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Former Tenet Exec Charged in $400M Healthcare Fraud Scheme

Recent healthcare fraud schemes and settlements involved kickbacks for patient referrals as well as claims submitted for unnecessary services and substandard care.

DoJ charged a former Tenet healthcare executive for his alleged participation in a healthcare fraud scheme totaling $400 million

Source: Thinkstock

- The Department of Justice (DoJ) recently announced the indictment of Tenet Healthcare Corporation’s former senior vice president of operations for his alleged participation in a healthcare fraud scheme totaling over $400 million in inappropriate payments.

During his time as an executive at Tenet Healthcare’s Southern States Region and as the CEO at Georgia-based North Fulton Medical Center, John Holland reportedly bribed other healthcare organizations and paid kickbacks for patient referrals to his facilities.

From 2007 to 2013, Holland also engaged in an alleged Medicaid fraud scheme at Tenet Healthcare’s affiliated medical billing center in Florida. The former executive is charged with covering up a scheme to evade internal accounting controls and alter the healthcare corporation’s records and reports.

Resulting from the schemes, Tenet healthcare fraudulently billed Medicaid programs in Georgia and South Carolina for over $400 million. The healthcare corporation also received more than $149 million in Medicaid and Medicare reimbursements based on patient referrals from bribes and kickbacks.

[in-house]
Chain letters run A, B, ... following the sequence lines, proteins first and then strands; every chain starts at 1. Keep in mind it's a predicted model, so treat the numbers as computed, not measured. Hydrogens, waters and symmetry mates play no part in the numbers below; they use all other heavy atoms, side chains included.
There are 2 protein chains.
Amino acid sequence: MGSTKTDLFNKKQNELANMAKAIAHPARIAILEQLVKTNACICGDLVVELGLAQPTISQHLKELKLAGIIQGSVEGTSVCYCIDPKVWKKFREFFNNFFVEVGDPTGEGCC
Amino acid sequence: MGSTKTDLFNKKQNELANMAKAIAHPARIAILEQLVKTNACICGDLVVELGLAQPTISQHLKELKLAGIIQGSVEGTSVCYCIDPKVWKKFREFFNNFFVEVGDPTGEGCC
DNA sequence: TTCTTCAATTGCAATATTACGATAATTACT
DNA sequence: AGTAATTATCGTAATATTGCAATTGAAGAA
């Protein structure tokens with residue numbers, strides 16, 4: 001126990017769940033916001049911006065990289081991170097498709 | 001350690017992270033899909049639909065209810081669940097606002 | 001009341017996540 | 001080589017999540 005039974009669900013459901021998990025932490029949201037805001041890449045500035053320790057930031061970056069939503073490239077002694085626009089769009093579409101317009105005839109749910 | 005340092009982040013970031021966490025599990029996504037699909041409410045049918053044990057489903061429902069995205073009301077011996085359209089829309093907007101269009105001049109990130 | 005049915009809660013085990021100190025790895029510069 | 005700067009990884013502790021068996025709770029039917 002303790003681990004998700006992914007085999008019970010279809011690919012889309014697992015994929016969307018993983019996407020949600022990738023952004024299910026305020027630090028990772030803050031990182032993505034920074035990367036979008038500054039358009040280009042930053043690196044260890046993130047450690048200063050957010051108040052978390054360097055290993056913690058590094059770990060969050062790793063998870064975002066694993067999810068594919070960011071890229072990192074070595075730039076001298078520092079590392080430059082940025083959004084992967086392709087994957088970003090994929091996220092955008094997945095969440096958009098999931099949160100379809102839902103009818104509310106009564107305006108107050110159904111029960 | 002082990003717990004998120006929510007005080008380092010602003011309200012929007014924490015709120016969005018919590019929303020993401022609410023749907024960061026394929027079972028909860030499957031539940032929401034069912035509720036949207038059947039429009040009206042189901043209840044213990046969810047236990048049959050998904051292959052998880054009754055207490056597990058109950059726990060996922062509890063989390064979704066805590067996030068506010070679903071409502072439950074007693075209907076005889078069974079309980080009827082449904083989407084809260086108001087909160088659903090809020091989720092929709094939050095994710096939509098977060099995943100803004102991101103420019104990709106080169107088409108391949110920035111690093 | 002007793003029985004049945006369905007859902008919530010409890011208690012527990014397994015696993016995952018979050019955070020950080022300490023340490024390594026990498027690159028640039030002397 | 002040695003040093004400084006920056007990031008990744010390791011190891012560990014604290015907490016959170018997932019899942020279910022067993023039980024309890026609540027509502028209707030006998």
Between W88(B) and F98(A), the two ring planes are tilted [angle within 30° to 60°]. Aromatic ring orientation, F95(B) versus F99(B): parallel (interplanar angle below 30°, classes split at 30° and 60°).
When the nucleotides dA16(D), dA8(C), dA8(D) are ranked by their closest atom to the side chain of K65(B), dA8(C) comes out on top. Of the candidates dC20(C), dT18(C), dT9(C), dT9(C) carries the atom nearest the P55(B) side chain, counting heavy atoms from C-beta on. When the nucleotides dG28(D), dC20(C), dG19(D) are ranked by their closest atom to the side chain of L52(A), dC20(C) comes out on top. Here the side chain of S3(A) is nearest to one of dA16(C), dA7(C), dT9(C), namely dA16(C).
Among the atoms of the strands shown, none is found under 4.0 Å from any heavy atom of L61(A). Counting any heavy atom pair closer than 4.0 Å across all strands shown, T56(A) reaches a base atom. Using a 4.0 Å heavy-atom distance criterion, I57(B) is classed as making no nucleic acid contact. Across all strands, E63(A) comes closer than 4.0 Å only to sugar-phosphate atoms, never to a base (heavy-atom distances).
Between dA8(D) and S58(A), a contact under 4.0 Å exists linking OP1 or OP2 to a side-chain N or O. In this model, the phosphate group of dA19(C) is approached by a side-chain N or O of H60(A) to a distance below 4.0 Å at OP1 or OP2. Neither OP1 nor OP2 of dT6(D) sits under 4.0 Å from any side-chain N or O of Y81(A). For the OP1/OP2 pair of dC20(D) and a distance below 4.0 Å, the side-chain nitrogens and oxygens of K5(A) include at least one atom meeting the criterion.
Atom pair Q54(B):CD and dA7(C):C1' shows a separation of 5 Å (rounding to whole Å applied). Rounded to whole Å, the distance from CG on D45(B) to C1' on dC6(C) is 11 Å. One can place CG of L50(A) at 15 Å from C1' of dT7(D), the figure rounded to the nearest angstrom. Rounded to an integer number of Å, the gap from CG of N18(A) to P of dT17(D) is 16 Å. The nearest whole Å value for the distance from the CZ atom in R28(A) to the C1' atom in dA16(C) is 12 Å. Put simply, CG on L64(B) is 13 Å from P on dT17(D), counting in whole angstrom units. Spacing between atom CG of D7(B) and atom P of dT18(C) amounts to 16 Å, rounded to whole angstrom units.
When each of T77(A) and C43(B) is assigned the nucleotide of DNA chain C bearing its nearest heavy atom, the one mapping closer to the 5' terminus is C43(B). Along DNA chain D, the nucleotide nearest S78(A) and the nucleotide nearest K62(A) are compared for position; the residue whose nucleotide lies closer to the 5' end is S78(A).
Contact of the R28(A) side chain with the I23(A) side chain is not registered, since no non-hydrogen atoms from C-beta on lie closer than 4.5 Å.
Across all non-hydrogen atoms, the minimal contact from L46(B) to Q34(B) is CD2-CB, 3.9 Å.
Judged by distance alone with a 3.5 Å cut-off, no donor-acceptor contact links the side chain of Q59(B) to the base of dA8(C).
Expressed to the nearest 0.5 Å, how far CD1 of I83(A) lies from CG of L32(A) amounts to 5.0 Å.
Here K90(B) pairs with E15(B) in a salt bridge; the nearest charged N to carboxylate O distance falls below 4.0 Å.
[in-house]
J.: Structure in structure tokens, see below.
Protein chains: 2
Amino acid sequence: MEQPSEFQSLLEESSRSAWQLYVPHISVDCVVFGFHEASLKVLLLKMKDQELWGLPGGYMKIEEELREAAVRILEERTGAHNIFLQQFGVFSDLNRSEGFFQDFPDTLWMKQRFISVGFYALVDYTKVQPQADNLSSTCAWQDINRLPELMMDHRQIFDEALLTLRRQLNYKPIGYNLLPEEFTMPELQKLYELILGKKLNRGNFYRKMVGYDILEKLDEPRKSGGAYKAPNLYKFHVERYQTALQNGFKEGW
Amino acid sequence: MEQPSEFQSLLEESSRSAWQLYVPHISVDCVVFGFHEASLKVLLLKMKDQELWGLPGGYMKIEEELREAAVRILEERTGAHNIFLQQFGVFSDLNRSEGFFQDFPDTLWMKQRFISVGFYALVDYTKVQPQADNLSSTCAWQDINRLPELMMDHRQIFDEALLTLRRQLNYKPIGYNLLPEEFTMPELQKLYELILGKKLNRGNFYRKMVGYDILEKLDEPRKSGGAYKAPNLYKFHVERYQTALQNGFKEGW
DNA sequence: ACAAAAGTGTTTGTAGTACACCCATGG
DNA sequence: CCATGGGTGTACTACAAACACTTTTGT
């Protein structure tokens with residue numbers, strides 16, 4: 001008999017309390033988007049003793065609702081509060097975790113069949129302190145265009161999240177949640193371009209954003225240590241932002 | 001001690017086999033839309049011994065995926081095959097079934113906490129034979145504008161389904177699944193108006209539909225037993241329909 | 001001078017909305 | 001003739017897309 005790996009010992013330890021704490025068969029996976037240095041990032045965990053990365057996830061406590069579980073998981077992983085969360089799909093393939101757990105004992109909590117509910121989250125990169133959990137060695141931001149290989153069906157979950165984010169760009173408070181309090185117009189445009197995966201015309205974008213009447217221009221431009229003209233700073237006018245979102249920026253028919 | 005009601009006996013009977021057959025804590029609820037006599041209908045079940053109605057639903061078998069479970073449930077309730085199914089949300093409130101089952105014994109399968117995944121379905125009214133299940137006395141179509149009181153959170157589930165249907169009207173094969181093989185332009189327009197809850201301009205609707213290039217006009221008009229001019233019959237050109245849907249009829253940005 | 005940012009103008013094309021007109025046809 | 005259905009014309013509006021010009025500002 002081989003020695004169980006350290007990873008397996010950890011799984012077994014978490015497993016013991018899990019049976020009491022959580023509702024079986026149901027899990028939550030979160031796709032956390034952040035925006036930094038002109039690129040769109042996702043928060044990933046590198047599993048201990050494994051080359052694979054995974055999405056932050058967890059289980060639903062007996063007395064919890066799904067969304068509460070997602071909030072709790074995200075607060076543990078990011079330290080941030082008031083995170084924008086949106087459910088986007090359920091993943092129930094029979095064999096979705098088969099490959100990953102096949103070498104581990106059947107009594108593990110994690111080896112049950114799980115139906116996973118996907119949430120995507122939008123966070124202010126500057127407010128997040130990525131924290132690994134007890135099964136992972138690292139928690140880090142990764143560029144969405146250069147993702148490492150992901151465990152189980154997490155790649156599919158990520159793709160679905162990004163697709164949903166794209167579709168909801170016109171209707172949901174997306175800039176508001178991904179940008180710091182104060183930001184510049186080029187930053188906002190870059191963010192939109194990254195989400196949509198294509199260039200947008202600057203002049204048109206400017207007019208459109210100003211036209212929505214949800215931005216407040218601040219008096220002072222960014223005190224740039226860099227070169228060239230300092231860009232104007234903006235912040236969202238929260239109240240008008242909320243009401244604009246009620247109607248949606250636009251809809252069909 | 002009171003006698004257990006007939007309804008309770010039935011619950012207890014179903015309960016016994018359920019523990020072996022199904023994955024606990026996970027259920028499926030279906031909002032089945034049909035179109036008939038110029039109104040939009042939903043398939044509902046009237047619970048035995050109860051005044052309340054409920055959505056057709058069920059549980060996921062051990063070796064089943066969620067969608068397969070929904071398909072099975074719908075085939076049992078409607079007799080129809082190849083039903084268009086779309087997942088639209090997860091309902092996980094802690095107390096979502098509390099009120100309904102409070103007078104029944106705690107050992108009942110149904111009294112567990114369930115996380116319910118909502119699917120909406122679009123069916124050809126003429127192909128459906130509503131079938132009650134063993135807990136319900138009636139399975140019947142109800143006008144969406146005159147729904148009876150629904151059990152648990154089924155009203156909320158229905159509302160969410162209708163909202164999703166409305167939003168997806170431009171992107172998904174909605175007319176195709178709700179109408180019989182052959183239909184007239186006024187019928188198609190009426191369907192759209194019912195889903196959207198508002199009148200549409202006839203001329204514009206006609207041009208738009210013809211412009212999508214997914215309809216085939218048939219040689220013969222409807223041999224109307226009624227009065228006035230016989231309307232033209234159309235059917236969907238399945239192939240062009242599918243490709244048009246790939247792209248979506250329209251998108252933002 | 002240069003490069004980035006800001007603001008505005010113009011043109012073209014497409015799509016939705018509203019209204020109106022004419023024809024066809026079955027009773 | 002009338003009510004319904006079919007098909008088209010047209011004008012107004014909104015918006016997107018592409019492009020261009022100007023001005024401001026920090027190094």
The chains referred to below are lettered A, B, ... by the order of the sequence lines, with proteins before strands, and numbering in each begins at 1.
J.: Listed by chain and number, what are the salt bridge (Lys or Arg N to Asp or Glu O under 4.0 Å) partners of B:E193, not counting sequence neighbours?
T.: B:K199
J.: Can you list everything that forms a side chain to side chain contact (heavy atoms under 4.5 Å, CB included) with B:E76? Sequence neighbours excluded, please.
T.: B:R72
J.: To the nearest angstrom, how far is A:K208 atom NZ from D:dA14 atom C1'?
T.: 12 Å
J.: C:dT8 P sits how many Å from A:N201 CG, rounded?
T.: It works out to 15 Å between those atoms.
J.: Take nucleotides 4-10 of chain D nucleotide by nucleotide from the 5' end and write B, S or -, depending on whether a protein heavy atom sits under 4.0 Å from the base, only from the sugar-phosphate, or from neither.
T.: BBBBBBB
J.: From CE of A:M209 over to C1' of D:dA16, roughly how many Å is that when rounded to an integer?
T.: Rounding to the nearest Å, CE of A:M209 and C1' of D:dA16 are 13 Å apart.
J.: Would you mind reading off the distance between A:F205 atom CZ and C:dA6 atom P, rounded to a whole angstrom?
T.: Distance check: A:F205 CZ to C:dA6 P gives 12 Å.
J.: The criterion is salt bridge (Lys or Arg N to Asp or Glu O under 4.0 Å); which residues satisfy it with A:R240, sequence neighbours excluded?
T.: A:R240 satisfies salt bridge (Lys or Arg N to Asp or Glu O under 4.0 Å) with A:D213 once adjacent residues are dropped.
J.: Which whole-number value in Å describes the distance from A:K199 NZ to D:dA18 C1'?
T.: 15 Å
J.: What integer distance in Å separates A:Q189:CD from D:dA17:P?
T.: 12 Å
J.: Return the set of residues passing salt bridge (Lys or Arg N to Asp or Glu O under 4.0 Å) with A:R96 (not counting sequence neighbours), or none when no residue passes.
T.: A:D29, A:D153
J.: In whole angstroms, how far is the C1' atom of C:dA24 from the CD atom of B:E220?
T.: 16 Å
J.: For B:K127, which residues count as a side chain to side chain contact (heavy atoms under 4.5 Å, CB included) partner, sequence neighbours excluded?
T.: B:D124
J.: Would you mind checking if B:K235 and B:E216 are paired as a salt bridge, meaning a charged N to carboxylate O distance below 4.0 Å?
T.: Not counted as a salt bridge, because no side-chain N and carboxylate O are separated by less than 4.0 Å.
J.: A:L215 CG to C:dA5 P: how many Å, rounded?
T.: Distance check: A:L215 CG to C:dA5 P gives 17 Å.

In addition, the DoJ reported that Holland helped Tenet Healthcare violate it’s 2006 corporate integrity agreement with the Office of the Inspector General (OIG). He falsely stated that the healthcare corporation followed federal healthcare program participation requirements and the agreement’s terms.

Tenet Healthcare did not face termination from Medicaid and Medicare because of Holland’s false statements. Consequently, the healthcare corporation received upwards of $10 billion in federal healthcare payments it would not have received if the company had been terminated from the programs.

The former executive received one count of mail fraud, one count of healthcare fraud, and two counts of major fraud against the US.

Affiliated healthcare organizations, including North Fulton Medical Center and Tenet’s HealthSystem Medical Inc. are also working with the DoJ to resolve reported healthcare fraud schemes. Although, Tenet Healthcare entered a non-prosecution agreement, acquired an independent compliance monitor, and agreed to pay $513 million to resolve healthcare fraud charges.

Pain management provider in Kentucky to pay $20 million for healthcare fraud scheme

The DoJ also announced that a pain management provider from Kentucky consented to pay $20 million to resolve healthcare fraud allegations stemming from two schemes.

First, Robert Windsor, MD, reportedly submitted false claims between 2008 and 2013 to Medicare, TRICARE, and the Federal Employees Health Benefits Program. The claims showed that Windsor participated in online, real-time intraoperative surgery monitoring, but the pain management provider did not actually personally observe the surgeries.

Instead, he directed a medical assistant to monitor the surgeries despite a claim reimbursement requirement that a physician perform the task.

In October 2016, Windsor received three years and two months of jailtime followed by three years of supervised release for his participation in the healthcare fraud scheme.